Canelo Alvarez might not be facing the opponent that many boxing fans had hoped he would, but his upcoming fight is still being treated like it’s the biggest of 2016. When the middleweight champion drops down a division to take on Liam Smith for his light middleweight title on Sept. 17, he’ll do so at AT&T Stadium in Arlington, Texas.
It’s the second time in the last year and a half that Alvarez will fight at a stadium in Texas. On May 9, 2015, he defeated James Kirkland with a third-round knockout in front of more than 31,000 fans at Minute Maid Park in Houston.
"Texas loves Canelo and Canelo loves Texas, so it was a no-brainer to have this fight at AT&T Stadium," Oscar De La Hoya said in a statement. "Texas is like Canelo's second home, and he has stated that he wants to fight in Texas once a year for his fans. My friend Jerry Jones extended the invitation to Canelo to fight at AT&T Stadium, so it was an easy decision for us."
The venue, which is home to the Dallas Cowboys, can hold over 100,000 fans. In April, WWE's WrestleMania 32 reached a staggering 101,762 in attendance. Six years ago, more than 50,000 fans packed into AT&T Stadium to watch Manny Pacquiao defeat Joshua Clottey.
Alvarez is the biggest draw in boxing, and he’s almost certain to put on a show. He’s a heavy favorite over Smith, who doesn’t have notable victories on his resume. Alvarez has won five straight fights since losing to Floyd Mayweather and suffering the only loss of his professional career. Three of those wins have come by early stoppage, including his devastating knockout of Amir Khan in May.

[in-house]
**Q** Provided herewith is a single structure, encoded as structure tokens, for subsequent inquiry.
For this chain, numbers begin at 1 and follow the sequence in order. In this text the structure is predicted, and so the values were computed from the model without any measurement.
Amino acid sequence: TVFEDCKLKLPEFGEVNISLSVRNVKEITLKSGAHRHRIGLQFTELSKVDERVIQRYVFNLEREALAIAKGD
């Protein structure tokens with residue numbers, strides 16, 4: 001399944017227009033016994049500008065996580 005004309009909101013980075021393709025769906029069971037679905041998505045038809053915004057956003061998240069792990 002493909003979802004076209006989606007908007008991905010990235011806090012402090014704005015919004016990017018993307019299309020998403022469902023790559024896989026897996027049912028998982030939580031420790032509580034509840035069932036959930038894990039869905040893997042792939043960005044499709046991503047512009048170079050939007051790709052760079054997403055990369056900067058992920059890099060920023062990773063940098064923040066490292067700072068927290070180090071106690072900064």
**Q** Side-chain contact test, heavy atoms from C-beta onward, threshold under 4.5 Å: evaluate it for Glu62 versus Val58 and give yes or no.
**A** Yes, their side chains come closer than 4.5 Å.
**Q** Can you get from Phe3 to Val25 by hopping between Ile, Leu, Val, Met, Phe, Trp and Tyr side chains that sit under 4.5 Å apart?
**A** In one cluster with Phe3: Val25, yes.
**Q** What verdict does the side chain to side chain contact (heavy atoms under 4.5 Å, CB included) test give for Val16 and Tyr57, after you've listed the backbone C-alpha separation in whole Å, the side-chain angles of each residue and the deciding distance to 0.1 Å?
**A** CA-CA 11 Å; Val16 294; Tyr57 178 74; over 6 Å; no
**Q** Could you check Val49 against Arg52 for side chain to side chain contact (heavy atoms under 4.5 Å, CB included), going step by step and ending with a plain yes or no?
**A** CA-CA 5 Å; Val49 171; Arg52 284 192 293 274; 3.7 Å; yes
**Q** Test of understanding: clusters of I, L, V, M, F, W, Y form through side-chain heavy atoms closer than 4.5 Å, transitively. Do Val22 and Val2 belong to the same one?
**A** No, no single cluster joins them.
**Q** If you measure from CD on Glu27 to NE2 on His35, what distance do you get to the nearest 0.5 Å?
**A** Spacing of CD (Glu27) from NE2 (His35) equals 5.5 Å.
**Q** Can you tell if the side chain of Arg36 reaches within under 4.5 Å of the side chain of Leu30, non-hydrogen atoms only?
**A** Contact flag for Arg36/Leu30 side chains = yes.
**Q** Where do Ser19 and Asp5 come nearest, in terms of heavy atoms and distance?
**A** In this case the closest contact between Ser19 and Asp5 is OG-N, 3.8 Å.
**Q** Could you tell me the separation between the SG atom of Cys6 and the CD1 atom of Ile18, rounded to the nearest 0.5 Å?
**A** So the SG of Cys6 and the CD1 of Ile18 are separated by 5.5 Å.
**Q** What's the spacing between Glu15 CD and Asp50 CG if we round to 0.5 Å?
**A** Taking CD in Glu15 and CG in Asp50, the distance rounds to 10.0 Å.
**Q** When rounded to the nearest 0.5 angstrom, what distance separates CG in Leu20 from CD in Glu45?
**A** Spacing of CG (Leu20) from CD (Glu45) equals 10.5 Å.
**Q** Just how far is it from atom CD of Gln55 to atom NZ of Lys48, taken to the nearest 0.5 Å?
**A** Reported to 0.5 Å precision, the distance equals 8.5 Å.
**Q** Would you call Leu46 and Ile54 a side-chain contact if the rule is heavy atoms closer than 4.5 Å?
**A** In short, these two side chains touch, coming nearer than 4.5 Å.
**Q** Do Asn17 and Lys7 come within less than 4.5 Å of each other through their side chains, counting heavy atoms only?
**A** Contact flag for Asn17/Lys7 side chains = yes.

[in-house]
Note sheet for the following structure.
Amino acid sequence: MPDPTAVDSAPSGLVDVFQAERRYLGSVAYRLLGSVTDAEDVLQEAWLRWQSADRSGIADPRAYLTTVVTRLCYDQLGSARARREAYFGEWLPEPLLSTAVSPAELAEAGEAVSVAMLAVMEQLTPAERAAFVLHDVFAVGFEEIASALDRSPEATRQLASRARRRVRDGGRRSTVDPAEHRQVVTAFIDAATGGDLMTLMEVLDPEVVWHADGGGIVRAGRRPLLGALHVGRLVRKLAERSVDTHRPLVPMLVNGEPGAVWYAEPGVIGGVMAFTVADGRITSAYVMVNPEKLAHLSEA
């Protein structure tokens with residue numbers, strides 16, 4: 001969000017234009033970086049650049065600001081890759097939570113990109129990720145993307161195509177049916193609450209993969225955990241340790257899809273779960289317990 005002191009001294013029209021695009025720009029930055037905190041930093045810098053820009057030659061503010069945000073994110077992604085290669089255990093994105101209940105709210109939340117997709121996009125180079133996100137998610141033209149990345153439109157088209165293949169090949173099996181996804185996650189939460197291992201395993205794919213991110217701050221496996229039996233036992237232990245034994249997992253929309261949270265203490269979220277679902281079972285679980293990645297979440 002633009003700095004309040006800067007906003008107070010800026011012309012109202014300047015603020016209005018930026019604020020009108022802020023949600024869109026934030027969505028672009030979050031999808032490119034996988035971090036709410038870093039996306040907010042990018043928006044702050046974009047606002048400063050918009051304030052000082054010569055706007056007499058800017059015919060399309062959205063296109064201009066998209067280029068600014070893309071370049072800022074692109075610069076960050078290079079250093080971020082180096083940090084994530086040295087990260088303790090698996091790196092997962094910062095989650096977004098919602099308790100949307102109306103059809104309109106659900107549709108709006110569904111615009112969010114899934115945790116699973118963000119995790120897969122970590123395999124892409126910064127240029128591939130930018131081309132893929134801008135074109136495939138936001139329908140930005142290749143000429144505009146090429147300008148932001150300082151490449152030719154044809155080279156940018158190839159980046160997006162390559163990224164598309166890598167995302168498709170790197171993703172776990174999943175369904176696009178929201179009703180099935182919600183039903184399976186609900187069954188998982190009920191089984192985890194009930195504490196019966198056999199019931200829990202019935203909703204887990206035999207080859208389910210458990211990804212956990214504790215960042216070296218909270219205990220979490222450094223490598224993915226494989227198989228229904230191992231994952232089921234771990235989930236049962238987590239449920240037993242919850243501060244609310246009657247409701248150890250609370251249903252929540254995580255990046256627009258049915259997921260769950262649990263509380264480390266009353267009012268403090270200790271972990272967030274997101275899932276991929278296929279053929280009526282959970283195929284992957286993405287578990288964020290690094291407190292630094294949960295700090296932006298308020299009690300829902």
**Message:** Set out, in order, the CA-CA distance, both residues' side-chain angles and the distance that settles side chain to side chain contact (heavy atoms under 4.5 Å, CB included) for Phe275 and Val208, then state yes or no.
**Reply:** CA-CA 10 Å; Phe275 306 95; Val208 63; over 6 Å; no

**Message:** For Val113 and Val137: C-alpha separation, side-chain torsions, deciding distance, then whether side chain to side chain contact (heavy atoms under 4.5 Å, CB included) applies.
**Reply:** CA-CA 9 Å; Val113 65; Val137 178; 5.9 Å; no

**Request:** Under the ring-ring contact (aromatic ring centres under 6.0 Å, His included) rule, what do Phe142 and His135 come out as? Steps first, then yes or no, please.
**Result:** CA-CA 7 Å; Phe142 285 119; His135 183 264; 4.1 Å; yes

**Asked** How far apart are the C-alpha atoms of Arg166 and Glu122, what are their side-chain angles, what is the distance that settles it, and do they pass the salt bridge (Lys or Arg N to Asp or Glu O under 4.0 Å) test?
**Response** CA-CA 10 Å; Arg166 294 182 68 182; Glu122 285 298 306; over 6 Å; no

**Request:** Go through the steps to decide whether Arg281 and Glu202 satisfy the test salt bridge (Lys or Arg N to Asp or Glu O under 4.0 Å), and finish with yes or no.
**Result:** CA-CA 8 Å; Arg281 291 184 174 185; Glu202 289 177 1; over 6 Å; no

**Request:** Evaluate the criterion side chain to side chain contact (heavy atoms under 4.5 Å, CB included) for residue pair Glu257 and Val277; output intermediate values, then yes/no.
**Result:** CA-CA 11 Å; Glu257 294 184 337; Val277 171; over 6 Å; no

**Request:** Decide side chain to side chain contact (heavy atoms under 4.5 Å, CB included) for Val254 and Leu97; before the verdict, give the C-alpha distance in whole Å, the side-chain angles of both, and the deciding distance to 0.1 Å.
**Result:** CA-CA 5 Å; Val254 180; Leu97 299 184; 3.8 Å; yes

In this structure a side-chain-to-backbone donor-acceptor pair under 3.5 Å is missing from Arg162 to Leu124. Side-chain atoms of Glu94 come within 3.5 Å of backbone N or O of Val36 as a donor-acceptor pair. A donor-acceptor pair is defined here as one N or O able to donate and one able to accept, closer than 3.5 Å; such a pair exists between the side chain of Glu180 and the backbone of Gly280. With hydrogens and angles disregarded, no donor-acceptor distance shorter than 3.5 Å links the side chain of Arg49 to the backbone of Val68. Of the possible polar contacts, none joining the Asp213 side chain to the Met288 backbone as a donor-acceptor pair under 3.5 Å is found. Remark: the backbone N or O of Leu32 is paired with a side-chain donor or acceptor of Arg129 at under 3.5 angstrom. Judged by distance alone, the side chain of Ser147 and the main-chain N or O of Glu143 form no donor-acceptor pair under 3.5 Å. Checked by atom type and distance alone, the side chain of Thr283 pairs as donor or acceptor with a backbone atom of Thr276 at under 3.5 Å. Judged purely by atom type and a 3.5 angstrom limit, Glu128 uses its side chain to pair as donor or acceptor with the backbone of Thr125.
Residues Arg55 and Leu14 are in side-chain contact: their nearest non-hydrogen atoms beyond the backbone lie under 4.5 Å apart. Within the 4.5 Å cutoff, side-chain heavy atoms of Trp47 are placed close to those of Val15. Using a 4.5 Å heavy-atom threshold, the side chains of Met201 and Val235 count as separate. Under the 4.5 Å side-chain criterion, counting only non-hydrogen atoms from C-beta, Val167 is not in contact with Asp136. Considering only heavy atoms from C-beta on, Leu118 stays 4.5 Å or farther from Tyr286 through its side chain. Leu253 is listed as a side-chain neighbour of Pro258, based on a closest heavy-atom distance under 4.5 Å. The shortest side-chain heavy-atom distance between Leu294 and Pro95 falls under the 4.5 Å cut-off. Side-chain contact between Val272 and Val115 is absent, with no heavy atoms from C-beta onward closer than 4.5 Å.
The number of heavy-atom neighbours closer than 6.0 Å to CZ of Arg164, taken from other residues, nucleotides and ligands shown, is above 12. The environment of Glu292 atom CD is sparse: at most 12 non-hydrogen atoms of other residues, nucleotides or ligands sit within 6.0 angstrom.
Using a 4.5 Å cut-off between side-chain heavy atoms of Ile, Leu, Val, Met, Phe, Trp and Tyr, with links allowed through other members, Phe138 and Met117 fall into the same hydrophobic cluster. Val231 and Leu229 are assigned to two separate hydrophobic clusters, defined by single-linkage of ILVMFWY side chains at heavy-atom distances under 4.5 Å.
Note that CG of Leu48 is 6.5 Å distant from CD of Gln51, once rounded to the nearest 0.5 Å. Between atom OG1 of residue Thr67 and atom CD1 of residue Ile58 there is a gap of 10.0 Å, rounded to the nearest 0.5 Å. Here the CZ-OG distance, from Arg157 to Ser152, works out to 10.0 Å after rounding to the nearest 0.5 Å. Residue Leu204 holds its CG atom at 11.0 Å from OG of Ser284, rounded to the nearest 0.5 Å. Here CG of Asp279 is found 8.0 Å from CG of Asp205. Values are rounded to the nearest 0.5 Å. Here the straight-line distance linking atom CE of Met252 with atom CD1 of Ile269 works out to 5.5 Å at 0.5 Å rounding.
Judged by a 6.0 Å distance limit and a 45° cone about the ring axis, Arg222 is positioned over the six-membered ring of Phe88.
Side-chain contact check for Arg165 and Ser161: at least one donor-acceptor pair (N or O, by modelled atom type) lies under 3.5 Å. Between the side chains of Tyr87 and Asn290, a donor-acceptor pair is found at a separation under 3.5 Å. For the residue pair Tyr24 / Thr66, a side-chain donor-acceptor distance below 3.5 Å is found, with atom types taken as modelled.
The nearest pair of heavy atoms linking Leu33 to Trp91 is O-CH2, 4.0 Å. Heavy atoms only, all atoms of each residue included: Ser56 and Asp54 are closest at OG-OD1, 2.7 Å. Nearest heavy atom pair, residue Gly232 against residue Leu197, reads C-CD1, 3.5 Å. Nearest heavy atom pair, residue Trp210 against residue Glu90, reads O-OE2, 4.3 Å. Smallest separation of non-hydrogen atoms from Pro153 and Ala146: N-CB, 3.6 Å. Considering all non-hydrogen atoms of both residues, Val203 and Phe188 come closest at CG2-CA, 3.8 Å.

A week before Alvarez steps in the ring, Gennady Golovkin will take on Kell Brook at the O2 Arena in London. Alvarez had indicated that he was ready to face Golovkin this year, but now the two middleweights won’t fight until 2017 at the earliest.
With Alvarez-Golovkin not happening in the fall, the light heavyweight fight between Andre Ward and Sergey Kovalev that is scheduled for Nov. 19 is the top bout for the second half of 2016. Other notable fights that are likely to take place include Tyson Fury vs. Wladimir Klitschko and Manny Pacquiao’s return.
Following his eighth-round knockout of Chris Arreola on Saturday, Deontay Wilder won’t be back in the ring this year. The WBC heavyweight champion suffered two injuries en route to his 37th career victory, and he could undergo multiple surgeries.
"He's definitely going to need surgery on his right hand," promoter Lou DiBella told ESPN.com. "He will have it as soon as is practical. He will likely also require surgery on his biceps.
"Deontay is definitely out for the remainder of the year, but we will know more in the next few days."
As he continues to dominate all challengers, Wilder has set himself up for a fight against other top heavyweights. Fury confronted Wilder earlier this year when he defeated Artur Szpilka, but a fight with undefeated IBF heavyweight champion Anthony Joshua seems more feasible.
"Of course I want the Furys, of course I want the Joshuas, but the question is, do they want me?" Wilder said after Saturday’s win.
"My goal is to unify the division. I'm one of the baddest, hardest-hitting heavyweights in the business, so whoever's got those belts, that's who I want."
Because of his injury, however, Wilder won’t get a heavyweight unification fight until next year.